Multiple studies to confirm the efficacy of a lazaroid compound, exemplary compound U83,836e, in the reduction of adhesion formation after peritoneal surgery were performed. Two model systems were employed: the sidewall adhesion model and the uterine horn model. A clear correlation between results obtained using both of these models and utility in adhesion prevention has been demonstrated with INTERCEED(TC7), for which clear clinical efficacy has been shown and FDA approval for adhesion prevention in gynecological surgery has been obtained.
In the peritoneal sidewall model, rabbit were pre-anesthetized with 1.2 mg/kg acetylpromazine and anesthetized with a mixture of 55 mg/kg ketamine hydrochloride and 5 mg/kg xylazine intramuscularly. Following preparation for sterile surgery, a midline laparotomy was performed. A 3×5-cm area of peritoneum and transversus abdominis muscle was removed on the right lateral abdominal wall. The cecum was exteriorized, and digital pressure was exerted to create subserosal hemorrhages over all cecal surfaces. The cecum was then returned to its normal anatomic position. The compound to be tested was placed in an Alzet minoosmotic pump (Alza Corporation, Palo Alto, Calif., USA) to allow continuous release of the molecule through the postsurgical interval. The Alzet miniosmotic pump was placed in the subcutaneous space and a delivery tube connected the pump with the site of injury at sidewall. Vehicle was placed in the pump of control rabbits. The abdominal wall and skin were closed in a standardized manner.
After 7 days, the rabbits were sacrificed and the percentage of the area of the sidewall injury that is involved in adhesions was determined. In addition, the tenacity of the adhesion formed was scored use a system as follows:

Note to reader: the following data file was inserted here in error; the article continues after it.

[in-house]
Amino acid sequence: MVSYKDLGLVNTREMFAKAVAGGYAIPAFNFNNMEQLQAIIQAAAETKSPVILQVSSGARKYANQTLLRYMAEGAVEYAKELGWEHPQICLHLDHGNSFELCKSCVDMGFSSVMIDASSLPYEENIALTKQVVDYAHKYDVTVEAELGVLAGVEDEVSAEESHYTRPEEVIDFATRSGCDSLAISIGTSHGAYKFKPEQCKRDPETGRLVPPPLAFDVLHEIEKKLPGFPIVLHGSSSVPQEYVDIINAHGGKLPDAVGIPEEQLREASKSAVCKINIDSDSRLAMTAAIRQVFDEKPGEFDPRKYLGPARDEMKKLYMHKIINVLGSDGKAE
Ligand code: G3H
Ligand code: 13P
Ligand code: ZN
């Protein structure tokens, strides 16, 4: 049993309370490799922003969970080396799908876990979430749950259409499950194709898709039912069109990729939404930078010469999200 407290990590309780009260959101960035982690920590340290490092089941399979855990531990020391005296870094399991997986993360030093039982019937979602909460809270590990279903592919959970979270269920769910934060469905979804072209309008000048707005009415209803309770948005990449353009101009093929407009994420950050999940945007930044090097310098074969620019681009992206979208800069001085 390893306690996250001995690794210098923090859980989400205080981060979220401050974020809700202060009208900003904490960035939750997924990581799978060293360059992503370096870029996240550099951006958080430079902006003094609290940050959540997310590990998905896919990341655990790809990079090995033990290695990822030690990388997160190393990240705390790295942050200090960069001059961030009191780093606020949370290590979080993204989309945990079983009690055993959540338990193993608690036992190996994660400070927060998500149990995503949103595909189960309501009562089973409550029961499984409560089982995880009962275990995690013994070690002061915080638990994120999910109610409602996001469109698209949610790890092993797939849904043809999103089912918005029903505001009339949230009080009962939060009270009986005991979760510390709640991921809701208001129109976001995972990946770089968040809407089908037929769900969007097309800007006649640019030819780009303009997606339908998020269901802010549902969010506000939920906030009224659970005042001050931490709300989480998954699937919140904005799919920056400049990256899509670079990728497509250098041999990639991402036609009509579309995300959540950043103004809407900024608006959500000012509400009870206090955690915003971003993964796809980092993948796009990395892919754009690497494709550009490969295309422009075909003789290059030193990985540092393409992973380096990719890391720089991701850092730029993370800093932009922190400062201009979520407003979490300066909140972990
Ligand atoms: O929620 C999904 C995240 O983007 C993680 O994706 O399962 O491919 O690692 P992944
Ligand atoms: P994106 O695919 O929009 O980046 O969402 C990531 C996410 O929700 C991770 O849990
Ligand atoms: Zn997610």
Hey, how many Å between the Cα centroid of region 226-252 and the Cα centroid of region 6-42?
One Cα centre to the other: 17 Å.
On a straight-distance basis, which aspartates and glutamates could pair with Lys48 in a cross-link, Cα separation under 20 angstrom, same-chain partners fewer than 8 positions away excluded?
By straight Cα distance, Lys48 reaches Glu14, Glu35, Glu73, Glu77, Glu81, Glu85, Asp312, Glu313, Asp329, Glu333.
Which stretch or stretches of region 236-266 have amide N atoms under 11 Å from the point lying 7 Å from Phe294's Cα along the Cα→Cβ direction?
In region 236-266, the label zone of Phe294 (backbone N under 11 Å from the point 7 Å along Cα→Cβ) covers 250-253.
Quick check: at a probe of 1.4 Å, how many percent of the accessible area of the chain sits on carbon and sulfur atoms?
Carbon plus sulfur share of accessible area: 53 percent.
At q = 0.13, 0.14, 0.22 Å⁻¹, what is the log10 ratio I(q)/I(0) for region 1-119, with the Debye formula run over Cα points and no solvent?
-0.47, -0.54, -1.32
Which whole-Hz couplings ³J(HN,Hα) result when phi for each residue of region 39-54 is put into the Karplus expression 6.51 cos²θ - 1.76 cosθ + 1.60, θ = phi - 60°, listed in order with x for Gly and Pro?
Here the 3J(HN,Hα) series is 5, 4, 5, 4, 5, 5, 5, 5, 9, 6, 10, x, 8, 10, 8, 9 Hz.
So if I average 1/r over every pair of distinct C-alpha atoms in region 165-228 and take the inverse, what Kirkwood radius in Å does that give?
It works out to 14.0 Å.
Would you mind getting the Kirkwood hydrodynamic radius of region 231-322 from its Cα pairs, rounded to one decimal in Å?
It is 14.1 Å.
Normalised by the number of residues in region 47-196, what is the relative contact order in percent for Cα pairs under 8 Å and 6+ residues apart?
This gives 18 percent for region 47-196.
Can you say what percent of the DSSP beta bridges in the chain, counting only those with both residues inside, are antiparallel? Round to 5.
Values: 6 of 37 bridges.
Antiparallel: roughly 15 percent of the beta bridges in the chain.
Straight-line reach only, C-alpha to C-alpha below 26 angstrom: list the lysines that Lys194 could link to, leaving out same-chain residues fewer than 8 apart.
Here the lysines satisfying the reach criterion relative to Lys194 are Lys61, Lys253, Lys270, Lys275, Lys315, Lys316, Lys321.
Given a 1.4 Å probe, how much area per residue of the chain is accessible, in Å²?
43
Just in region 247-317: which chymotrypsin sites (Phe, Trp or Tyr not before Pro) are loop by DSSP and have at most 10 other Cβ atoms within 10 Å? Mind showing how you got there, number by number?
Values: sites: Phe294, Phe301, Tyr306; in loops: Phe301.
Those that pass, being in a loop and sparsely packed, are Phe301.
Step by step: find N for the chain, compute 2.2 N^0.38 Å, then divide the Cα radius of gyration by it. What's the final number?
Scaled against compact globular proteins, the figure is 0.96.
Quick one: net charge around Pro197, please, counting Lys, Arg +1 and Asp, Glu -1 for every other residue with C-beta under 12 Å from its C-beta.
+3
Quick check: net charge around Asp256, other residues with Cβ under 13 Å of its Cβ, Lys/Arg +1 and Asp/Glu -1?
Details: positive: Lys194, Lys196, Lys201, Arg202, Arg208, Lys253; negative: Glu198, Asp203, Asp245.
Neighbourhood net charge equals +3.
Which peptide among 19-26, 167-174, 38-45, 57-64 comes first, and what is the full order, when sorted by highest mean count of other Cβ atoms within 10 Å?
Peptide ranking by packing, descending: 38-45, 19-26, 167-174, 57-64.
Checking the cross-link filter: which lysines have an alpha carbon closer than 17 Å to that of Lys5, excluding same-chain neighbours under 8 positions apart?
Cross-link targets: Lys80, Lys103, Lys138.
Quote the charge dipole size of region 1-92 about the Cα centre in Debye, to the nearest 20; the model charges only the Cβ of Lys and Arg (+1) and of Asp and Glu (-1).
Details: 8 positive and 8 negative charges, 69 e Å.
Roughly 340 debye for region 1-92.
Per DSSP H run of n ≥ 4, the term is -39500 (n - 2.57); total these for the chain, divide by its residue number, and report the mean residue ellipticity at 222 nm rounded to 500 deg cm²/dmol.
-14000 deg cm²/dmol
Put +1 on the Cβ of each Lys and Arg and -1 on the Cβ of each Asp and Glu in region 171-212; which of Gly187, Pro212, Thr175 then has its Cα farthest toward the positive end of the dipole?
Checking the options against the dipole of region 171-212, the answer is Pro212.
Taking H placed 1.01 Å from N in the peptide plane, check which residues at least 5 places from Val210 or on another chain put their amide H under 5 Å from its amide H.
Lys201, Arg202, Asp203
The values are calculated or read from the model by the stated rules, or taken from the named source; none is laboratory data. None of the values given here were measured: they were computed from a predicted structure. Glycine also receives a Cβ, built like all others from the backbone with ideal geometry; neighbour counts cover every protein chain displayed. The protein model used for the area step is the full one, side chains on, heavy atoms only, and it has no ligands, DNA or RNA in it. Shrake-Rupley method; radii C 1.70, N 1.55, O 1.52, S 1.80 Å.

______________________________________0 = No adhesions1 = mild, easily dissectable adhesions2 = moderate adhesions; non-dissectable, does not tear organ3 = dense adhesions; non-dissectable, tears when removed______________________________________
A reduction in the area or the tenacity of the adhesions would be considered beneficial.
In additional experiments, a rabbit uterine horn model was employed. This model has been previously shown to cause severe adhesions in rabbits after surgery [Nishimura, K. et al., "The Use of Ibuprofen for the Prevention of Postoperative Adhesions in Rabbits," Am. J. Med., Vol. 77, pp. 102-106 (1984)]. The rabbits were anesthetized (130 mg/kg ketamine and 20 mg/kg acetylpromazine im) and prepared for sterile surgery. A midline laparotomy was performed, and surgical trauma was performed on both uterine horns by abrading the serosal surface with gauze until puncrate bleeding developed. Ischemia of both uterine horns was induced by removal of the collateral blood supply. After traumatization, the abdominal wall was closed in two layers. The compound to be tested was delivered as described for the peritoneal sidewall model, but the tubing was placed over the injured uterine horns.
With the uterine horn model, an initial score to represent the overall extent of adhesions is given (0 to 4+). The percentage of a surface of the horn involved in adhesions to various organs are given in the tables below the overall adhesion score.
In the model systems employed in the examples reported herein, the exemplary compound U83,836e was shown to reduce the incidence of peritoneal adhesions. In these Examples, drug was delivered at a rate of 10 μl/hour. The concentration ranges employed were 0.06-0.6 mg/ml. For purposes of preventing adhesion formation in accordance with the present invention, it is not believed that high systemic levels of lazaroid compounds would be necessary.